The Office of the Ombudsman is a substantial, active and well-respected institution. Whilst the role bears some comparisons to Ombudsmen elsewhere in the world, the Spanish model, and the San Sebastián specifically is in many ways far more impressive. The institution was created in 1989 and has 50 employees and an elected chief. Its role is to be an independent an unbiased defender of the rights of ordinary people against maladministration or abuse of power by the state. There are three main blocks of work:
- Complaints and claims against public administration (from district to EU level)
- Critical assessment of public policy
- Promotion of human rights
The first of these roles is the one most familiar in other parts of Europe. However the second role takes the Ombudsman beyond merely responding to claims and into a proactive engagement with policy. They begin by consulting with a wide variety of interest groups and public opinion to try and determine whether policy remains relevant to the changing realities of peoples’ lives. They have intervened in issues such as undocumented foreign-born minors, violence against women, and drug use by minors.
Their third role is even more novel – the active promotion of human rights. Whilst remaining scrupulously impartial, they have a brief to conduct research and surveys on potential breaches of human rights and to engage in awareness-raising and opinion-influencing campaigns. They have looked into public views on terrorism, attitudes to Roma people, bullying and harassment, and equality of immigrants and gay people.
The law establishing Ombudsmen give great discretion for interpretation. Some offices elsewhere play a more passive and juridical role but San Sebastián’s Inigo Lamarca considers himself to be a community activist. He is confident about the prospects for San Sebastián to accept and integrate with many more foreign residents. Partly because there is a long history of Basques and Spaniards integrating. Also because the remarkably high number of local NGOs with expertise. His main concern is what the effect of rising unemployment of ethnic Basques will have on this.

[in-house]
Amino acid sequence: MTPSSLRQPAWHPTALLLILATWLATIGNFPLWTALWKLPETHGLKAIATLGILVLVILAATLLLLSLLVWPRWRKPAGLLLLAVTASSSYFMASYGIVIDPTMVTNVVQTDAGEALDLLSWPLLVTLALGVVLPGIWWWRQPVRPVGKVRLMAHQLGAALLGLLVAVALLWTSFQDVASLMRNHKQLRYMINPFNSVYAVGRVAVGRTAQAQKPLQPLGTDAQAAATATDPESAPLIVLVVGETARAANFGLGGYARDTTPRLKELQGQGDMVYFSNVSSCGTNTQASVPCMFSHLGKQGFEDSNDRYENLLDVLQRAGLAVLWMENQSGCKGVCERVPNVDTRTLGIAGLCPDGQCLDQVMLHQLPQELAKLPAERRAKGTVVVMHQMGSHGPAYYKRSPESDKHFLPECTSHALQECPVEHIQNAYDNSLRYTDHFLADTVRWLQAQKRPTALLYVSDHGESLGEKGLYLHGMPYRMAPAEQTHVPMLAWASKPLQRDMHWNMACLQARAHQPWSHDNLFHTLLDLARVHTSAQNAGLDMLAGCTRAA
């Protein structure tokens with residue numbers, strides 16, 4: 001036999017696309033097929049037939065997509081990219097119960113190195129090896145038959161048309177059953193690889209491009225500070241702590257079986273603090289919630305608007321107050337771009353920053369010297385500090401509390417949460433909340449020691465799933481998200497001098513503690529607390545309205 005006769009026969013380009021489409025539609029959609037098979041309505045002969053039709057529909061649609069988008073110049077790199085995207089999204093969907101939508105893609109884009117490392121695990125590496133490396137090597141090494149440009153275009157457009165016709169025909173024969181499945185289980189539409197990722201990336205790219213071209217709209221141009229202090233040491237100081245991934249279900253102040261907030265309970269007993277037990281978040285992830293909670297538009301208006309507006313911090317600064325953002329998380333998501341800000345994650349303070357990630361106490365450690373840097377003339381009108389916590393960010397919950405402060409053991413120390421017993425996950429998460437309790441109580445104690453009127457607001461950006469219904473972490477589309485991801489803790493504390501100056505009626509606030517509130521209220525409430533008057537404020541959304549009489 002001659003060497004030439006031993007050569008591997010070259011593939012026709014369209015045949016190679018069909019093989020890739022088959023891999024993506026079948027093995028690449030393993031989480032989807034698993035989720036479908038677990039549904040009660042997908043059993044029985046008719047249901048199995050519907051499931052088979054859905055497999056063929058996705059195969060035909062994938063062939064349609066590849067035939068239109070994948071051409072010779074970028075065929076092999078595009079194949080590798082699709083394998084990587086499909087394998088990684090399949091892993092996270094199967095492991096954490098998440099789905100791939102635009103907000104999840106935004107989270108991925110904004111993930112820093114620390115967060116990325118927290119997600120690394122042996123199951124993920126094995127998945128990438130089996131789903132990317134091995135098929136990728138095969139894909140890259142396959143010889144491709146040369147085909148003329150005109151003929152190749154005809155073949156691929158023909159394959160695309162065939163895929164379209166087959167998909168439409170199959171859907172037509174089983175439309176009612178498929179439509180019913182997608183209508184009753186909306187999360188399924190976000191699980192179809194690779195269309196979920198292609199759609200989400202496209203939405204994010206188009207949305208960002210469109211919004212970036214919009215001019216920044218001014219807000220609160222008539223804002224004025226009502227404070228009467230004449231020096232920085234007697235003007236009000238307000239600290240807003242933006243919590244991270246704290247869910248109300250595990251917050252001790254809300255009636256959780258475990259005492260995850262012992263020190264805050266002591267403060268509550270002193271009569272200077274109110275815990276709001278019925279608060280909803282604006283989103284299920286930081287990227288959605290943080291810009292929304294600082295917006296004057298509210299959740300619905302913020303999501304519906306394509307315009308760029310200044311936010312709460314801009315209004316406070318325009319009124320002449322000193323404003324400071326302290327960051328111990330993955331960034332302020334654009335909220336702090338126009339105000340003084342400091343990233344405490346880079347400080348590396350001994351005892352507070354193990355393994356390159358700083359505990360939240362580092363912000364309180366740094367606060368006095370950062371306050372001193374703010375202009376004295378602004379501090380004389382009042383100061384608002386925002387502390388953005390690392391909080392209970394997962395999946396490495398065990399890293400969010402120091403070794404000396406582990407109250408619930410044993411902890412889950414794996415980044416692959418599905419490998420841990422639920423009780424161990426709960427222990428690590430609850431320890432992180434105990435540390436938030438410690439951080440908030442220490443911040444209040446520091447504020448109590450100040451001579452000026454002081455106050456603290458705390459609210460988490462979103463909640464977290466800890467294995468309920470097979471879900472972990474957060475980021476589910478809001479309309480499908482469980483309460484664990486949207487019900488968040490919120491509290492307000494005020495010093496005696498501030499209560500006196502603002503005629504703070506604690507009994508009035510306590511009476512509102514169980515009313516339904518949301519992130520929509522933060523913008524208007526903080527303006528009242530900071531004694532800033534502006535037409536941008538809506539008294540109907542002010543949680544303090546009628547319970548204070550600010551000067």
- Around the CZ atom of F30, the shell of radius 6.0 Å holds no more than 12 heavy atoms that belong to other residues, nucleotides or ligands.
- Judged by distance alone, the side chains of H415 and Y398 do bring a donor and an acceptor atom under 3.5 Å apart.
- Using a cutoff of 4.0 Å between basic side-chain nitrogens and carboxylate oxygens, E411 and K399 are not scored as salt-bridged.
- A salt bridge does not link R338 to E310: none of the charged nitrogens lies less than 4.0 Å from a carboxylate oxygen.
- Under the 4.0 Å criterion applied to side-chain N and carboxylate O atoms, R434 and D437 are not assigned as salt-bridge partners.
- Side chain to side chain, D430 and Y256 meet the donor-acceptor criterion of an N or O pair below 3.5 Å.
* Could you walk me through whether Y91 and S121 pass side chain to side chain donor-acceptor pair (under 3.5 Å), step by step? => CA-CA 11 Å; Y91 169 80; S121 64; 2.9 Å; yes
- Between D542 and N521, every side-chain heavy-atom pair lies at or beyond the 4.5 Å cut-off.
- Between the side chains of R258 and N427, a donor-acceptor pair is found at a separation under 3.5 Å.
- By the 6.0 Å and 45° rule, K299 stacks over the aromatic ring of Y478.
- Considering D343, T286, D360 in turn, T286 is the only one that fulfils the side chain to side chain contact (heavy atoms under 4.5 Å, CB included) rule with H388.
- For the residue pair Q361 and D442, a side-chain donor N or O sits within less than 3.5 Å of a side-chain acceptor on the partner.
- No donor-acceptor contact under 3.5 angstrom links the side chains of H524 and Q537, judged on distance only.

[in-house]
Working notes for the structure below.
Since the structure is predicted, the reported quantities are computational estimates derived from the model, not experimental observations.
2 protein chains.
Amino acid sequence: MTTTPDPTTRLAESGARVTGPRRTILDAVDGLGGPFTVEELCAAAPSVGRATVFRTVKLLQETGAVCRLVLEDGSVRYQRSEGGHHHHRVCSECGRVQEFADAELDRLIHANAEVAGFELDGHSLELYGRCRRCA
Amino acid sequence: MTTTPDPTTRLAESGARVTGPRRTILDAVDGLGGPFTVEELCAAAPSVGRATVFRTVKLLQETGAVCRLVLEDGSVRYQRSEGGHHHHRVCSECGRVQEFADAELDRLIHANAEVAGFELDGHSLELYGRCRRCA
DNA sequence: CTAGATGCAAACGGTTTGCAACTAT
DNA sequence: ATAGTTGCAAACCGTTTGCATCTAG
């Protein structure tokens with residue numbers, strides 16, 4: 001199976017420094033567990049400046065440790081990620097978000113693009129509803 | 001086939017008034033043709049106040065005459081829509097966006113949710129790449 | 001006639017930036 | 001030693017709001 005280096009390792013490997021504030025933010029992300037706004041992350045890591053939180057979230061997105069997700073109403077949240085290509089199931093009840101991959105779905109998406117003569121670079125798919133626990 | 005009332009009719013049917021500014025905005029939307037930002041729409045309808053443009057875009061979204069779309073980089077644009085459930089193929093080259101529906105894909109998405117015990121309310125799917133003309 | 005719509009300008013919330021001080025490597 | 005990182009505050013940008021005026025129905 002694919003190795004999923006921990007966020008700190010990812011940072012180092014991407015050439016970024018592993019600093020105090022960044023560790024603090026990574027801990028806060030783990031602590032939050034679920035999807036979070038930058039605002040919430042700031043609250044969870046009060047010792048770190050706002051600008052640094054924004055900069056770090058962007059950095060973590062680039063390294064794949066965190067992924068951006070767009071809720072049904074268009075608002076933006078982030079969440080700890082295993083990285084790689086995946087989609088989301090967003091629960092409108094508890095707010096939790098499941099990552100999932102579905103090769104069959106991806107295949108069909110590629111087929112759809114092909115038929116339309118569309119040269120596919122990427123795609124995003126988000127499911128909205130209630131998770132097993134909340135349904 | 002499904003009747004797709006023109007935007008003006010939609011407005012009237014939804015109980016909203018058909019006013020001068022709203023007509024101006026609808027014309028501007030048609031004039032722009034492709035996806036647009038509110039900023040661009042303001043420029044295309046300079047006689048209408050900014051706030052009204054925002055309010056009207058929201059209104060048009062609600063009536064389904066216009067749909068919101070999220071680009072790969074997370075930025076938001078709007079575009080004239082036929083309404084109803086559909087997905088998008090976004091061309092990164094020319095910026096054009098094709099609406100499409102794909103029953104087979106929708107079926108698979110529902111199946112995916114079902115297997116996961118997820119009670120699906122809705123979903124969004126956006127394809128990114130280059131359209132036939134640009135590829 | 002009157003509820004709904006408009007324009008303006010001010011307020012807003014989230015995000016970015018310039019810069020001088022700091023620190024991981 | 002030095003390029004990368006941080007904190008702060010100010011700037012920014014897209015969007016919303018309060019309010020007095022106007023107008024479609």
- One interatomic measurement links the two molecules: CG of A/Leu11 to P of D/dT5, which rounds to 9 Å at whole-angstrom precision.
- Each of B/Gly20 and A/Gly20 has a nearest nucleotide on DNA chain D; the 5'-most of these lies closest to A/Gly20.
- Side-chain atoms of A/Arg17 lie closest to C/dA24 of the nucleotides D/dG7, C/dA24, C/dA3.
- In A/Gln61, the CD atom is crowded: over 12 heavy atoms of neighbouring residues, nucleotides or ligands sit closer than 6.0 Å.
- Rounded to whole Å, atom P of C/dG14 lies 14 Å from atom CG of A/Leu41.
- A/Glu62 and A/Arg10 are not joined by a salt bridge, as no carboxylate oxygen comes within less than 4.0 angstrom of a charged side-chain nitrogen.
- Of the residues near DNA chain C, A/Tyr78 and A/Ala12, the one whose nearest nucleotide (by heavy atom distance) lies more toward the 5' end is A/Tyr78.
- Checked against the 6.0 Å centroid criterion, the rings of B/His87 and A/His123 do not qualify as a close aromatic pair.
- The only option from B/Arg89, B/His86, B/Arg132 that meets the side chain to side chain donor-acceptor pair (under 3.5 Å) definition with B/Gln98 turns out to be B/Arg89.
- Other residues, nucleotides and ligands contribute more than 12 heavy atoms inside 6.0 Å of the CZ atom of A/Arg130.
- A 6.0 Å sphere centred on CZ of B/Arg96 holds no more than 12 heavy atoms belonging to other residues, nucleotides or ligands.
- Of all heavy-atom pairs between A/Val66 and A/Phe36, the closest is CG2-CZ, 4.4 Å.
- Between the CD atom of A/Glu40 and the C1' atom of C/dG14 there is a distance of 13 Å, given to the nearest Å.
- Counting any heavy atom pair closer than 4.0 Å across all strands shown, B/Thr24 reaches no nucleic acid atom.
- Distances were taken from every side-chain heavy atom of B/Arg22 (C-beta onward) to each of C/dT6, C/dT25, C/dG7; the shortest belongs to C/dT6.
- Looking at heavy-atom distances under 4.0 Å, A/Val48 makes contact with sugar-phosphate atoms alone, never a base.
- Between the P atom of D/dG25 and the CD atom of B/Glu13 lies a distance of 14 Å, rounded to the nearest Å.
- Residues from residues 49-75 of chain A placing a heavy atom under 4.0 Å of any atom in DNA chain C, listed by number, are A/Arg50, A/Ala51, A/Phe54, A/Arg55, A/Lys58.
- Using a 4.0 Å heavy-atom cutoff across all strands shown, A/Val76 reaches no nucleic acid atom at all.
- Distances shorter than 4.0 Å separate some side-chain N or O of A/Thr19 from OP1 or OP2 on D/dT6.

There have been few claims made so far by migrants but this is probably due to lack of awareness on their part. The Ombudsman believes he has to make a special effort to publicise his services to them. Also he needs to ensure the municipality is rigorous in registering all foreign residents, though he acknowledges San Sebastián is a much better performer in this regard than many other Basque municipalities.
The minority which requires the most protection from abuse is the Roma. There are numerous cases of discrimination in the labour market and housing and of inappropriate behaviour by the police. Again, taking a proactive stance, he has initiated a joint protocol with the police to respect diversity and to give officers diversity training.
His other priority is undocumented minors who arrive in search of work. Since the recession many have become unemployed and risk falling into crisis. He lobbies for the setting up of education and pastoral care to ensure they are not socially-excluded.